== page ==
One of the most important projects I have worked on this year is the living network meta-analysis of covid-19 treatments, the first version of which was published on bmj.com in July 2020. This continually updated review is starting to provide much needed comparative analysis in these uncertain times. To give an overview of the treatments included and their potential efficacy, I worked with the review authors to produce an interactive network diagram, as shown in Figure 1.
Similar network diagrams are common features of network meta-analyses, but this has several key differences. Traditional network plots have always bothered me. Figure 2 is an example of one published on bmj.com in 2018. I can absolutely see the need to give an overview of all the different interventions compared in a review. Network diagrams do this—to an extent. Each intervention is represented by a circle, or node, arranged around the perimeter of the diagram. The lines show links between these interventions, each one connecting two that were directly compared in the included studies. This is a useful way of showing a reader the number of interventions, and where direct comparisons are made.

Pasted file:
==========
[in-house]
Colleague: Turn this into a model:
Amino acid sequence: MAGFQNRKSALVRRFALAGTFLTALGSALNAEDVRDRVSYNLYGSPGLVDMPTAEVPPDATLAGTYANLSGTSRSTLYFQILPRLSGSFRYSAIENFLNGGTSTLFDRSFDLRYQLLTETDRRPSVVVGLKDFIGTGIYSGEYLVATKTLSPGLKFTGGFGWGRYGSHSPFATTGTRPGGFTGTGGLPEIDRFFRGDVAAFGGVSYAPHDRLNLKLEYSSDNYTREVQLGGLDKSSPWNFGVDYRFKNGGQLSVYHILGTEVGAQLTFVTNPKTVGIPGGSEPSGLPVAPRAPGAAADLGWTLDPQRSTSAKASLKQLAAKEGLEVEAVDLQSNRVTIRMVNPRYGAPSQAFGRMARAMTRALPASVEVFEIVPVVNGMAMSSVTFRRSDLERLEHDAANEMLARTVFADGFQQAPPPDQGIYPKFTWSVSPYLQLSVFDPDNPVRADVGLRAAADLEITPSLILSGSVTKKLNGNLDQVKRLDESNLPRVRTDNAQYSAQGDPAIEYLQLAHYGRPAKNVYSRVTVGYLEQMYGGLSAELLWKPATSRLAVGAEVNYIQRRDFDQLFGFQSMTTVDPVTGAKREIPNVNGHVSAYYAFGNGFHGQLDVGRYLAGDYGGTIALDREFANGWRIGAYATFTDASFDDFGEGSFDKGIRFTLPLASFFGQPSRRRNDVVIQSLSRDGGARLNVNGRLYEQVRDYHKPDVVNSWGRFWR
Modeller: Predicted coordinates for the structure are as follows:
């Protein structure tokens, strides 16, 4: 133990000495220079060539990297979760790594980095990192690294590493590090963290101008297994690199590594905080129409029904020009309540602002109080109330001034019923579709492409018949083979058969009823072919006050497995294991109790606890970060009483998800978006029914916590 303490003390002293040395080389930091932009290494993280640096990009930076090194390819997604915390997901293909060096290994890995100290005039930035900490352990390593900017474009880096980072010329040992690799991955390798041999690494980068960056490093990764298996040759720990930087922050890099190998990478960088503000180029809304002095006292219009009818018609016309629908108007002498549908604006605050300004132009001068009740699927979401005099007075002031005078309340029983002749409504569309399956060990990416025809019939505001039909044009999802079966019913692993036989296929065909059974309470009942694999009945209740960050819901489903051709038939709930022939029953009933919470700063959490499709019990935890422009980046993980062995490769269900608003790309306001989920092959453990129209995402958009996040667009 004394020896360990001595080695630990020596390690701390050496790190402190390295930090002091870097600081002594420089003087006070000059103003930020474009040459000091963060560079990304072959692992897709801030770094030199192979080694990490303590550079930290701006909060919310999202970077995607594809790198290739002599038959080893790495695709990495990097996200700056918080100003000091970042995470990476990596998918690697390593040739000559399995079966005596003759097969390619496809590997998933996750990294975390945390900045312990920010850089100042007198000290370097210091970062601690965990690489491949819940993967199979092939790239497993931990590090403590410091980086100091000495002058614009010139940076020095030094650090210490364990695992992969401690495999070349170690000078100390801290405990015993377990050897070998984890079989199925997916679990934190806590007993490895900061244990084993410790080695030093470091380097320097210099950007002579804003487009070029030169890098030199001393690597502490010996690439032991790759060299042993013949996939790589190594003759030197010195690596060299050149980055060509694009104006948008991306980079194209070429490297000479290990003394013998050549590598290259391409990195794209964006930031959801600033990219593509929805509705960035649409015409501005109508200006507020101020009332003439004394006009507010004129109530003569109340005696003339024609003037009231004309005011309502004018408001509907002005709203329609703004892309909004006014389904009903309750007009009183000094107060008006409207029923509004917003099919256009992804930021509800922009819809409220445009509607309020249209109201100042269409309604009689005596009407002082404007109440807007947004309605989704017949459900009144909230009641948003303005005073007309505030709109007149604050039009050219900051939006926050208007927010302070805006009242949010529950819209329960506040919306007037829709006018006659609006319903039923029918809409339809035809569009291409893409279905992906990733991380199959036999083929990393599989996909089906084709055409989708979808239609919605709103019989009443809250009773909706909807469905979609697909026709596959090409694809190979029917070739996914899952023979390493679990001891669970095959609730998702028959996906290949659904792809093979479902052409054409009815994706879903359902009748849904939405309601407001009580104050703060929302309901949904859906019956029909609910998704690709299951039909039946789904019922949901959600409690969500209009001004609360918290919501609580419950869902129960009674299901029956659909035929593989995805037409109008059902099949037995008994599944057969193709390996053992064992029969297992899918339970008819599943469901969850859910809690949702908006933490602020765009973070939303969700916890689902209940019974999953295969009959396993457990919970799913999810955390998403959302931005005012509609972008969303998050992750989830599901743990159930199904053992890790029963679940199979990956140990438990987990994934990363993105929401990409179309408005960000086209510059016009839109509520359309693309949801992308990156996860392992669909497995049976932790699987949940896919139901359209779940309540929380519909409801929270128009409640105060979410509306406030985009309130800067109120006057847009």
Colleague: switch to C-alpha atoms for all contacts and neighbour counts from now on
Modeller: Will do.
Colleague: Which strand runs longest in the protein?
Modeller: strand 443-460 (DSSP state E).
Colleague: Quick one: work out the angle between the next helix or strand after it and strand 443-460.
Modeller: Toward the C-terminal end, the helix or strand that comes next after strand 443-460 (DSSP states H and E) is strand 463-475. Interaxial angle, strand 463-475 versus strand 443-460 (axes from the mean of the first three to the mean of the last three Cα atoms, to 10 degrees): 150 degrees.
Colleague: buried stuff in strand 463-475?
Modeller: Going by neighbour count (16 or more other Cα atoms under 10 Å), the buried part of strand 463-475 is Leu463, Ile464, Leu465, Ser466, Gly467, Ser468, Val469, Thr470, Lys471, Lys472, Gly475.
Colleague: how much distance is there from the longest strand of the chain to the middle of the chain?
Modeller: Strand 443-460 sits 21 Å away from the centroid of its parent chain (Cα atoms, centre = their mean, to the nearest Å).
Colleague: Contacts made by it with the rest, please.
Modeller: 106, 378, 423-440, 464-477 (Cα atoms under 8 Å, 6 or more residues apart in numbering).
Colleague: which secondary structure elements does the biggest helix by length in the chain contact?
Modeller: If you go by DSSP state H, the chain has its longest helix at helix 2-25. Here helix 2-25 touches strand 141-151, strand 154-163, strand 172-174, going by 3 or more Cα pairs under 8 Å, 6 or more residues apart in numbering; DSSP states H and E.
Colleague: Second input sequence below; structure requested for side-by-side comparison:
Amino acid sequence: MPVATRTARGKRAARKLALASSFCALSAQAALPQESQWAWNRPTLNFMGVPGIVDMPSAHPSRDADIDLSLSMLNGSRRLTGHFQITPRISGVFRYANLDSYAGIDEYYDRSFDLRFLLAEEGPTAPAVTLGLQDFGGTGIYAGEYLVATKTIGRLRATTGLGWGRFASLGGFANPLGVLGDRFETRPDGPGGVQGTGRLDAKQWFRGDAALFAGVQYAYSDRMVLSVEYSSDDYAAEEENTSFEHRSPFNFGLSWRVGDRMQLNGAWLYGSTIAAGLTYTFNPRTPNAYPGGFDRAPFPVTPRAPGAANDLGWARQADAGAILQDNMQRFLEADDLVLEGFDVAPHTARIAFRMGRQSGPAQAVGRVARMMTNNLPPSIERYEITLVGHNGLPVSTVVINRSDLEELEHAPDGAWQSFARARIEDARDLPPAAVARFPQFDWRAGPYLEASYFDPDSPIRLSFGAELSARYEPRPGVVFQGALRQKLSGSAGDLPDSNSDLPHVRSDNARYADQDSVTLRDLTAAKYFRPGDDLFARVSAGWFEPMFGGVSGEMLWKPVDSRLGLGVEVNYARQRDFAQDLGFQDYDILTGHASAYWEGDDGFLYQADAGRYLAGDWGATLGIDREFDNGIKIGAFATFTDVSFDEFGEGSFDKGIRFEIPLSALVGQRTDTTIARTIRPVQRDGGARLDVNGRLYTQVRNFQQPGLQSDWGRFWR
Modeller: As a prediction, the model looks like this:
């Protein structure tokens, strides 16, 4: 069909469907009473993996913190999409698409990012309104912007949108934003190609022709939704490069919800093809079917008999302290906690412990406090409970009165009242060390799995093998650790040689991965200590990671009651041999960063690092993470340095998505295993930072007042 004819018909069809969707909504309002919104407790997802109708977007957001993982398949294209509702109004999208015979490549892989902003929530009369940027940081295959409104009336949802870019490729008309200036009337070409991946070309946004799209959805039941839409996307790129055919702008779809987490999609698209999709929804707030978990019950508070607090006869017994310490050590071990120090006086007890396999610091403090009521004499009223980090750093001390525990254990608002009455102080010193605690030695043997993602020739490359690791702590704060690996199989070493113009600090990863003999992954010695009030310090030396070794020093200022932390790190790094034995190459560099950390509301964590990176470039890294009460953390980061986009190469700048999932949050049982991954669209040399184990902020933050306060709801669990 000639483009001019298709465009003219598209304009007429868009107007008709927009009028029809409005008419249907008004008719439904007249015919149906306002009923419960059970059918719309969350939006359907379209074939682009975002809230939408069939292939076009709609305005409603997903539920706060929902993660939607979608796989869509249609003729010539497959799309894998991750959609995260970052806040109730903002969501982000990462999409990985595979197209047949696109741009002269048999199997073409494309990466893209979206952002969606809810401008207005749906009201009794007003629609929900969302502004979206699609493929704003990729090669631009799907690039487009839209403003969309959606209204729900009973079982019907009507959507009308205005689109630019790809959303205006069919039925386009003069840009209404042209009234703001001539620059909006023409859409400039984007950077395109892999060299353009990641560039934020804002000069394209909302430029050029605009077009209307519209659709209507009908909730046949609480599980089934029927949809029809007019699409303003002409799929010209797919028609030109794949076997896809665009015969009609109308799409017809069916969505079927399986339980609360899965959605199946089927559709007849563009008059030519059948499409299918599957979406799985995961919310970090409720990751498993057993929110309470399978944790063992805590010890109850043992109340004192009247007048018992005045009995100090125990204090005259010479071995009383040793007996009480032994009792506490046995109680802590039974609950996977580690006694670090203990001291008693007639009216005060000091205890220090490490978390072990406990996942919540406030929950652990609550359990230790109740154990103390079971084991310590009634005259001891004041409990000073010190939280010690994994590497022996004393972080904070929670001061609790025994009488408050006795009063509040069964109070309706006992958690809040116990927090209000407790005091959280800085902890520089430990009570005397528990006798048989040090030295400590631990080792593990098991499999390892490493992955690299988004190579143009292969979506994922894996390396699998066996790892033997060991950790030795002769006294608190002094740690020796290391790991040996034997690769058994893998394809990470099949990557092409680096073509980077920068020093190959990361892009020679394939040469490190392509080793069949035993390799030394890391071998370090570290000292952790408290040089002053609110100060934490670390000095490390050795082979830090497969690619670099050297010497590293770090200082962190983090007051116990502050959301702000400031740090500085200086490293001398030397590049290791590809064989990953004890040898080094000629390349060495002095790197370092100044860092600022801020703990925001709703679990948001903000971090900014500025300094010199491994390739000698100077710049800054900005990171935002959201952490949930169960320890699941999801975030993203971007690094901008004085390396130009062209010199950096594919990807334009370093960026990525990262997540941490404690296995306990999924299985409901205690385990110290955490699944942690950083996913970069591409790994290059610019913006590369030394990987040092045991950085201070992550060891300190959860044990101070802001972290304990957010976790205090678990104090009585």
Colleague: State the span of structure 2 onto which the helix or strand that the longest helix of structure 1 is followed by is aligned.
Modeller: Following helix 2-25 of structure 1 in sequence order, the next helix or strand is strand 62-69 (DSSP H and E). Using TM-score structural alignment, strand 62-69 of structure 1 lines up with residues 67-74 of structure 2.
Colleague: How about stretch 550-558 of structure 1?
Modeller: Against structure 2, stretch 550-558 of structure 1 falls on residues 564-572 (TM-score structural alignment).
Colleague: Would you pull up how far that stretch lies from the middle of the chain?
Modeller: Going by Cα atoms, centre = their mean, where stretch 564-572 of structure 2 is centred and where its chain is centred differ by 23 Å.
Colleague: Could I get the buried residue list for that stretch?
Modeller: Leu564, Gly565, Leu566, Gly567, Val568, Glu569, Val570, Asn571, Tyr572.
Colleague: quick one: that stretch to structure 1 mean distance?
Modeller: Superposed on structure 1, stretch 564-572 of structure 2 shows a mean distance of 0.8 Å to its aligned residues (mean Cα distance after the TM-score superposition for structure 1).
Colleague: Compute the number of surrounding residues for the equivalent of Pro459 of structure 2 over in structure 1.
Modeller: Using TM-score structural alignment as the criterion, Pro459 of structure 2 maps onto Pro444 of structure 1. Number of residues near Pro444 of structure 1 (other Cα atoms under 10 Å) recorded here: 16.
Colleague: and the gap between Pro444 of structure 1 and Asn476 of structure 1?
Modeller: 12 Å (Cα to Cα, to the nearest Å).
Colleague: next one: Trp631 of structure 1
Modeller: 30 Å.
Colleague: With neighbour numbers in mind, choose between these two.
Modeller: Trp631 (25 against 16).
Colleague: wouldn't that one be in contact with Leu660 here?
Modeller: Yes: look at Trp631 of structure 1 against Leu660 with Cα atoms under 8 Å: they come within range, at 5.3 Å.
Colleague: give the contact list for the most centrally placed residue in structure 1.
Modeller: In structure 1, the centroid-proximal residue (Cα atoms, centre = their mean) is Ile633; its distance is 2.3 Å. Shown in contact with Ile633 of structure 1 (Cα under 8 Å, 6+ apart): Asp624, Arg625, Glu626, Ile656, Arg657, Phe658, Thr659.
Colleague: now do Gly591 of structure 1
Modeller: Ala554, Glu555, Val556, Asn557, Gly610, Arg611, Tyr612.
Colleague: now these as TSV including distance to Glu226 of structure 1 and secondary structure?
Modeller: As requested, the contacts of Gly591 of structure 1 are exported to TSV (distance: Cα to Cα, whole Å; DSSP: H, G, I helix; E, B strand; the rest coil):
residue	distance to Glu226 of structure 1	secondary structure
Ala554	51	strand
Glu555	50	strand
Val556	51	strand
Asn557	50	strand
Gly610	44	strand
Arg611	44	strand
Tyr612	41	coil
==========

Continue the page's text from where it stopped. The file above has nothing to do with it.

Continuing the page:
What has always puzzled me is the other two data encodings used here, which are fairly common. The number of studies in each comparison is represented by the thickness of the link lines, and the number of participants included for each intervention is shown by the area of the intervention circles. The opposite way would presumably work just as well—the number of participants in each bivariate comparison shown by width of the link lines, and the number of studies by the area of the circles. Others scale the width of links to the variance of the effect estimate.